Horizon Lines: Cautious growth

Charlotte: Chastened by a tough experience on the transpacific America’s Horizon is cautious on international expansion. 

Horizon operated a five vessel US flag service in the China-US trade in 2011 that also provided a US to Guam service. However, the service incurred significant operating losses during the downtown, largely due to the volatile transpacific freight rates and high fuel prices, and was discontinued in December 2011.

“The downturn has taught us lessons about the competitiveness of the international trades and to be mindful of those lessons as we explore new growth opportunities beyond the US domestic markets,” says president and ceo Sam Woodward, who has been in the job since July 2012. 

Horizon owns a fleet of 13 fully containerized, US flag, Jones Act qualified vessels. Ten vessels are operated in its regular liner service network while the other three ships are deployed for season surges and drydock replacement vessels. 

There are no plans to add to the fleet at the moment, Woodward says. However, this June the company announced plans to convert the power plants on two of its steam turbine cargo vessels to modern diesel engines capable of burning conventional liquid fuels or liquefied natural gas (LNG). The project’s goal is to reduce fuel consumption and lower emissions. The project would include an integrated repowering solution encompassing main engines, supporting components, and LNG storage tanks for these two initial ships, with the potential to expand the initiative to more ships in Horizon’s fleet in the future.

Horizon is the only ocean carrier serving all three noncontiguous US domestic markets of Alaska, Hawaii, and Puerto Rico from the continental United States. 

“Of the three primary markets we serve, we see Alaska experiencing steady growth, Hawaii recovering nicely and Puerto Rico stabilising after several years of negative GDP growth,” Woodward comments. 

In addition to serving the US domestic markets, Horizon also serves the US to the Micronesia Islands through its partnership with Mariana Express Lines Limited (MELL).  This partnership connects the US West Coast with the Pacific islands of Majuro, Pohnpei, Chuuk, Yap, Palau and Saipan.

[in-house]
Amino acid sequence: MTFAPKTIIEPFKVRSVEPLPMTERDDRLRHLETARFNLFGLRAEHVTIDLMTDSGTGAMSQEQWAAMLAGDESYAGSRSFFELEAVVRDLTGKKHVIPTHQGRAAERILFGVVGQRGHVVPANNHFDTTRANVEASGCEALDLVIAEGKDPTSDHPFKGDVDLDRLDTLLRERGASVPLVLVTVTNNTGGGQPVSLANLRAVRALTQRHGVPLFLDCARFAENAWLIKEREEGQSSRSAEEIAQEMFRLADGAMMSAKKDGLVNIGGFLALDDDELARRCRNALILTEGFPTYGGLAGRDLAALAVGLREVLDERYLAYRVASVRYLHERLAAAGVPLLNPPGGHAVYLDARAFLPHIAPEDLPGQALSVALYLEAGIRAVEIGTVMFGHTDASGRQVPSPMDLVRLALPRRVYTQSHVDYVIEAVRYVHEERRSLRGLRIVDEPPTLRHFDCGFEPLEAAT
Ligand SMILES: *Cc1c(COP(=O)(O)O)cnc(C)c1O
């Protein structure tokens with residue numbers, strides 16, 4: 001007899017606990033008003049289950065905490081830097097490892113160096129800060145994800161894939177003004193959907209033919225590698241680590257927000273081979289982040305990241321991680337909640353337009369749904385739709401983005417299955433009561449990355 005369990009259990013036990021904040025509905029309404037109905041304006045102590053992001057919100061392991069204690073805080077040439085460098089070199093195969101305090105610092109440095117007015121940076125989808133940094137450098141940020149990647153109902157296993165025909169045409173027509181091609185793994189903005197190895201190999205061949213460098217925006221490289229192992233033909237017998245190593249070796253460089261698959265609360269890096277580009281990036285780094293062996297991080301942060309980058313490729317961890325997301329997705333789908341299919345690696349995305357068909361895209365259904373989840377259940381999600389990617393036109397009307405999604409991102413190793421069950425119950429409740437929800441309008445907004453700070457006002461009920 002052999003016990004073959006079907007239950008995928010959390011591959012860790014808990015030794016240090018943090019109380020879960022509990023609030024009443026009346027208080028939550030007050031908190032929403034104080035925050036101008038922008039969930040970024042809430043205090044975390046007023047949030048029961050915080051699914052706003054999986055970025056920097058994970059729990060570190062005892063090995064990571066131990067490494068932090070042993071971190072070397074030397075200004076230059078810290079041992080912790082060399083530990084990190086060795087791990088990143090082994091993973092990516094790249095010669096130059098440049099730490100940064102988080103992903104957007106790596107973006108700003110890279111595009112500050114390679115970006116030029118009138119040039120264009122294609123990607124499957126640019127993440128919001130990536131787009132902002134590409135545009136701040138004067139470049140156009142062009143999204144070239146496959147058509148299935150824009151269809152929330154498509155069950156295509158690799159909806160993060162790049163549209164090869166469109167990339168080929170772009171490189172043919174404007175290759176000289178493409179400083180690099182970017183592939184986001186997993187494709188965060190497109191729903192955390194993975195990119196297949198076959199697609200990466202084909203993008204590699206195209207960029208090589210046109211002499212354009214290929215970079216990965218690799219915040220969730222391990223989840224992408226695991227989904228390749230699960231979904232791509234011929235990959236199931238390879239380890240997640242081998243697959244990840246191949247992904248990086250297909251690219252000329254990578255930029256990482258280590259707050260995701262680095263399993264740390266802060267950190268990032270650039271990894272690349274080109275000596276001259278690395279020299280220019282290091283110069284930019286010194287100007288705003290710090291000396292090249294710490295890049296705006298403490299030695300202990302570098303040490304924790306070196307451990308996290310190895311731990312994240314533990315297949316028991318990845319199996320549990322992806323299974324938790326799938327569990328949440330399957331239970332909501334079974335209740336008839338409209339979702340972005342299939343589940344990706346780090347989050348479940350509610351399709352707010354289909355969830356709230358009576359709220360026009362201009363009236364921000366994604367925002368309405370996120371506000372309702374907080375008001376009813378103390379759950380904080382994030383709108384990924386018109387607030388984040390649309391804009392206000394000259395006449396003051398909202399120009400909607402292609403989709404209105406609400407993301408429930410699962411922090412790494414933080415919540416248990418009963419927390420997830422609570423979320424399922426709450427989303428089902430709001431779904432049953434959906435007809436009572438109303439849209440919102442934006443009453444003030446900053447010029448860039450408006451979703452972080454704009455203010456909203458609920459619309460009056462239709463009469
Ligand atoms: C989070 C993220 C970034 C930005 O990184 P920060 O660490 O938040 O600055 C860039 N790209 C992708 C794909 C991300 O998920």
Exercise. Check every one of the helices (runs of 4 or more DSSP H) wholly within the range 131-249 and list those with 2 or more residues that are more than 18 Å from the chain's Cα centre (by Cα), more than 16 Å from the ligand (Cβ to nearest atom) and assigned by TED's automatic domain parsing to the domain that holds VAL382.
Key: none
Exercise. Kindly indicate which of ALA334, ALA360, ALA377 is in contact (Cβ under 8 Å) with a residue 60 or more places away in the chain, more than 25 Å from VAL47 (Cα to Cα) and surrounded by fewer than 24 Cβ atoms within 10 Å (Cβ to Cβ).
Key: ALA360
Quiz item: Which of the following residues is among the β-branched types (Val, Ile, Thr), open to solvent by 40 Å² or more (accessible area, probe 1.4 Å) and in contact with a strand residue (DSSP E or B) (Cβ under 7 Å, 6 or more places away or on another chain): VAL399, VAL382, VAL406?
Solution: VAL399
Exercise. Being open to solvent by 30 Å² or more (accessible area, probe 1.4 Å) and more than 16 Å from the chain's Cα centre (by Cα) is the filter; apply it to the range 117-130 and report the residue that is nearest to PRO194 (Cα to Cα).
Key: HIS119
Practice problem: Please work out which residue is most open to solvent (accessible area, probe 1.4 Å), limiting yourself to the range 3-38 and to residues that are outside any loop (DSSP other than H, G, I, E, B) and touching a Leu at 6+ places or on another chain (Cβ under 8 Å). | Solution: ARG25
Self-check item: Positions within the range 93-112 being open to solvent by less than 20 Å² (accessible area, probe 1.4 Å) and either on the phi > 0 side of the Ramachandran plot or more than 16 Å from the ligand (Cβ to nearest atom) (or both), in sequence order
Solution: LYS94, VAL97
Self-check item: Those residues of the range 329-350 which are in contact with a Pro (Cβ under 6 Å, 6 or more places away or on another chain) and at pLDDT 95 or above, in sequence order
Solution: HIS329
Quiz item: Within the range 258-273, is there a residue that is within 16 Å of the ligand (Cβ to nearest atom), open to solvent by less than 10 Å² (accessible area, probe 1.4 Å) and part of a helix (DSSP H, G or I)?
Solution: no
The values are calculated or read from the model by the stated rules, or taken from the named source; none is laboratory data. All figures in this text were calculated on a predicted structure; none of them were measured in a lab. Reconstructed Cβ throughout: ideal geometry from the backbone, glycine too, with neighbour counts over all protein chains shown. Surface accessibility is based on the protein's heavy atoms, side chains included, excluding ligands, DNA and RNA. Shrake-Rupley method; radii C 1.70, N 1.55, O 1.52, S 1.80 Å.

Under this arrangement, Horizon serves as MELL’s dedicated shipping agent for the container service providing US sales, vessel connections and logistics support. The partnership with MELL has been an area of growth for both companies since commencing this arrangement this past December.

“Our relationship with MELL has proven beneficial for both carriers and is a model for further growth in the Pacific islands and other areas,” comments Woodward. 

This year Horizon is on track to significantly exceed 2012 results, with 2013 adjusted EBITDA projected between $85m and $97m, compared with $66m in fiscal 2012.

Part of this improvement came in reducing its vessel lease expenses by around $13.8m 

Another cost saving initiative implemented in 2013 is our reduction in our vessel lease expense by approximately $13.8 million lower over 2012 figures via the acquisition of three of our Jones Act qualified vessels off of charter on January 31 this year.

Woodward joined Horizon from Traffic Tech Inc, an international freight forwarder, where he held several executive leadership roles. He also served as a managing director of Bengur Bryan & Co, a middle market investment bank, where since 2008 he headed the firm’s Transportation and Business Process Outsourcing Practice. From 2004 to 2008, Woodward was Chairman, President and CEO of Gemini Air Cargo.   Prior to Gemini, Woodward was president of SAW Investment Services, his own investment firm, where he oversaw investment and management services in the US freight- and logistics-based technology markets. [22/11/13]

NEED TO KNOW:  Horizon Lines
North Carolina based containerline primarily focused on linking to distant parts of the US. 13 ships in the fleet, some of which are set to be converted to use LNG as a fuel.


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